The idea of running both a furnace and heat pump might feel somewhat unusual at first. After all, why do you need two heaters? Although furnaces and heat pumps both provide energy-efficient heat, the differences in their design really make using both of them a viable option. It’s not for everyone, but with the right conditions you will absolutely benefit from having a furnace and a heat pump.
You'll need to consider several factors in order to decide if this sort of setup suits you. Your local climate and the dimensions of your home are both especially important, especially for the heat pump. This is because some models of heat pumps begin to function less effectively in colder weather and bigger homes. Even so, you can still reap the benefits of heat pump installation in Georgetown.
Heat Pumps Can Be Less Effective in Cold Weather
Heat pumps are typically less reliable in cooler weather due to how they generate climate control to begin with. Compared to furnaces, which burn fuel to provide heat, a heat pump reverses its supply of refrigerant to draw heat from outdoor air. This heat is then drawn inside and distributed all through your home. As long as there is still some heat energy in the air, a heat pump can function. But the cooler the temperature, the less efficient this process is.
The less heat energy is available outside, the longer it takes a heat pump to draw heat indoors to maintain your desired temperature. It may depend on the specific make and model, but heat pumps can start to lose out on efficiency at temperatures of 40 degrees and below. They still remain an energy-efficient option until 20-25 degrees, at which a gas furnace should be more effective.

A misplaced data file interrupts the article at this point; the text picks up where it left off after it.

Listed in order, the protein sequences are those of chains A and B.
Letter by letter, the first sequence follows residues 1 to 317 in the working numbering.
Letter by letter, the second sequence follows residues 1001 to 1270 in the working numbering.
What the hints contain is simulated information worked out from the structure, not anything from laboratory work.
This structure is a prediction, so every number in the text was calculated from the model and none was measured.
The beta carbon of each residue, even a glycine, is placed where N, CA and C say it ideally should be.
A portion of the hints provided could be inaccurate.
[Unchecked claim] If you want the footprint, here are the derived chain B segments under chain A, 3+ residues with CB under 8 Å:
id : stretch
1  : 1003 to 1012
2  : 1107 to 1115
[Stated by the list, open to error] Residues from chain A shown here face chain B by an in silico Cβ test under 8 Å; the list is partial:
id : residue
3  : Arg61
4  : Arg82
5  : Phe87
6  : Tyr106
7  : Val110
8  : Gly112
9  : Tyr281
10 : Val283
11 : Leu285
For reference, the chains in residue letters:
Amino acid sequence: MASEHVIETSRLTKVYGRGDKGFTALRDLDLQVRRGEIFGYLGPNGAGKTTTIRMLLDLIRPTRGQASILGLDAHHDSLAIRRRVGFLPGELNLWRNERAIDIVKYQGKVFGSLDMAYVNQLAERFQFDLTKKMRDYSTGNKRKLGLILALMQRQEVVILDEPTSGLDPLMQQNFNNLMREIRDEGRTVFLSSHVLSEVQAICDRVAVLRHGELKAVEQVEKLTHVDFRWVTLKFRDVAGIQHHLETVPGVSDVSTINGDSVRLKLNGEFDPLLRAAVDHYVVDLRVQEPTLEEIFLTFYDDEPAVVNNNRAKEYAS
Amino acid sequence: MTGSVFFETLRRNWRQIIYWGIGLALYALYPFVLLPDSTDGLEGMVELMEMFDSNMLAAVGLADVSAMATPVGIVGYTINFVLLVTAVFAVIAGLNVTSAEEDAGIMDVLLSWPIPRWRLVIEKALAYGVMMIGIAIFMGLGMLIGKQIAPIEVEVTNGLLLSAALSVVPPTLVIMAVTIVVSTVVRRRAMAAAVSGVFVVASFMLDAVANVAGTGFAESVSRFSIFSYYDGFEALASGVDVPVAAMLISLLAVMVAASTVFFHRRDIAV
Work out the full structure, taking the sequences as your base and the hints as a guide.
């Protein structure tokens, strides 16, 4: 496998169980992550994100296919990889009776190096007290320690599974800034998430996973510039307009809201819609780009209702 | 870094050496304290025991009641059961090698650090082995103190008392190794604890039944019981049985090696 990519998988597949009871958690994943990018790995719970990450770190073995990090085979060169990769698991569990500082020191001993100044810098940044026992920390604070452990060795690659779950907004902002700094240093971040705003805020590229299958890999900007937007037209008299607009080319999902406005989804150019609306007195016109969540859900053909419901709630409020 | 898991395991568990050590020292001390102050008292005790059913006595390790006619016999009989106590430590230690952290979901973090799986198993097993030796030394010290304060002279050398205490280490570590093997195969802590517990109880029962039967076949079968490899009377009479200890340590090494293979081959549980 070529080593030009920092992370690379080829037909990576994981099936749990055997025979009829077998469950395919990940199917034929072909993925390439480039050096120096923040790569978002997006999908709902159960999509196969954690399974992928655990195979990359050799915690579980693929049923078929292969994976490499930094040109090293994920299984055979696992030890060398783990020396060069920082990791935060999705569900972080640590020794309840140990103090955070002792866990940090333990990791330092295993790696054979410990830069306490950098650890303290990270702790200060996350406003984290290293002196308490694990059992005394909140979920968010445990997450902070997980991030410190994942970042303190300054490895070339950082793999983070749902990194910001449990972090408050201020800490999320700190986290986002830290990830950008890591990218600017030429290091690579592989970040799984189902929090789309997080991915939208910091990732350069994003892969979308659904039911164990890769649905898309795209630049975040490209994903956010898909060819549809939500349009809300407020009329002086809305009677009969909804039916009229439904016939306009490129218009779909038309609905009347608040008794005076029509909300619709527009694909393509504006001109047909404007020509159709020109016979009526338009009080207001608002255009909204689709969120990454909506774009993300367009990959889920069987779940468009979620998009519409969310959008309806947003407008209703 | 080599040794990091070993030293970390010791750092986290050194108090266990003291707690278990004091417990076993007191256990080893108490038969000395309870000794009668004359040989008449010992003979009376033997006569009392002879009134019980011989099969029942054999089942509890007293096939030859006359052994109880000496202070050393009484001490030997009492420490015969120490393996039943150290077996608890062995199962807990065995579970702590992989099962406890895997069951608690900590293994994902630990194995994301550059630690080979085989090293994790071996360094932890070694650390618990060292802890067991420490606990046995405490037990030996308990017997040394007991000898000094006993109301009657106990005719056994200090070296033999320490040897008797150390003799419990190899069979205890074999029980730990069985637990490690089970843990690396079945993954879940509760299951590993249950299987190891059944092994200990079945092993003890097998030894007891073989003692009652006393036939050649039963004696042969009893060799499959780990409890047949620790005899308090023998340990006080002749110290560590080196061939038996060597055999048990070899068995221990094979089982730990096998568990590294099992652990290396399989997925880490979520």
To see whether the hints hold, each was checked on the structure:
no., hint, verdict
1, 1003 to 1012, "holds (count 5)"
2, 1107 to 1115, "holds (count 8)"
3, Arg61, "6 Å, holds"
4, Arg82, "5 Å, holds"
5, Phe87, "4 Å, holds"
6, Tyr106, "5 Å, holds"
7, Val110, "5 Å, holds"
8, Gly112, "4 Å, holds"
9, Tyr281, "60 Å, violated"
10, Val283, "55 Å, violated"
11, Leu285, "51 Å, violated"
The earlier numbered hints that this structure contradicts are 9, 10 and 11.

What Temperatures Do Heat Pumps Run Best In?
Heat pumps function best in temperate climates 40 degrees and up. That being said, you don’t have to miss out on the benefits of a heat pump just because your local climate is colder. After all, that’s why having both a furnace and heat pump may be worth the costs. You can favor the heat pump for energy-efficient heat until the weather is cold enough to justify swapping to something like a gas furnace.
A few makes and models claim greater efficiency in cooler weather. For example, the Lennox MLA heat pump is capable of running at 100% capacity at 0°F. It can even remain functional in temperatures as cold as -22°F. For maximum energy efficiency, you’ll likely still want to swap to the furnace in particularly cold weather.
So Should I Get a Heat Pump If I Own a Gas Furnace?
If you’re interested in maintaining the most energy-efficient HVAC system available, owning a heat pump and gas furnace at the same time is worth the investment. Not only is a dual-heating system adaptable, but it provides other perks including:
- A source of backup heating – A redundant heating system means even if one stops working, you still have the ability to heat your home. It might not be the most energy efficient, but it’s better than shivering in an unheated home while you sit around for repairs
- Fewer energy costs – The ability to choose which heating system you use based on the highest energy efficiency decreases your total costs. Smaller heating bills over the life of these heaters can really add up to lots of savings
- Less strain on both systems – Compared to running one system all winter long, heating resources are divided between the furnace and heat pump. Key hardware can last longer as they’re not under constant use.
If you’re still unsure about heat pump installation in Georgetown, don’t hesitate to reach out to your local professional technicians. They can evaluate your home’s comfort needs and help you decide if a dual-heating HVAC system is the better option.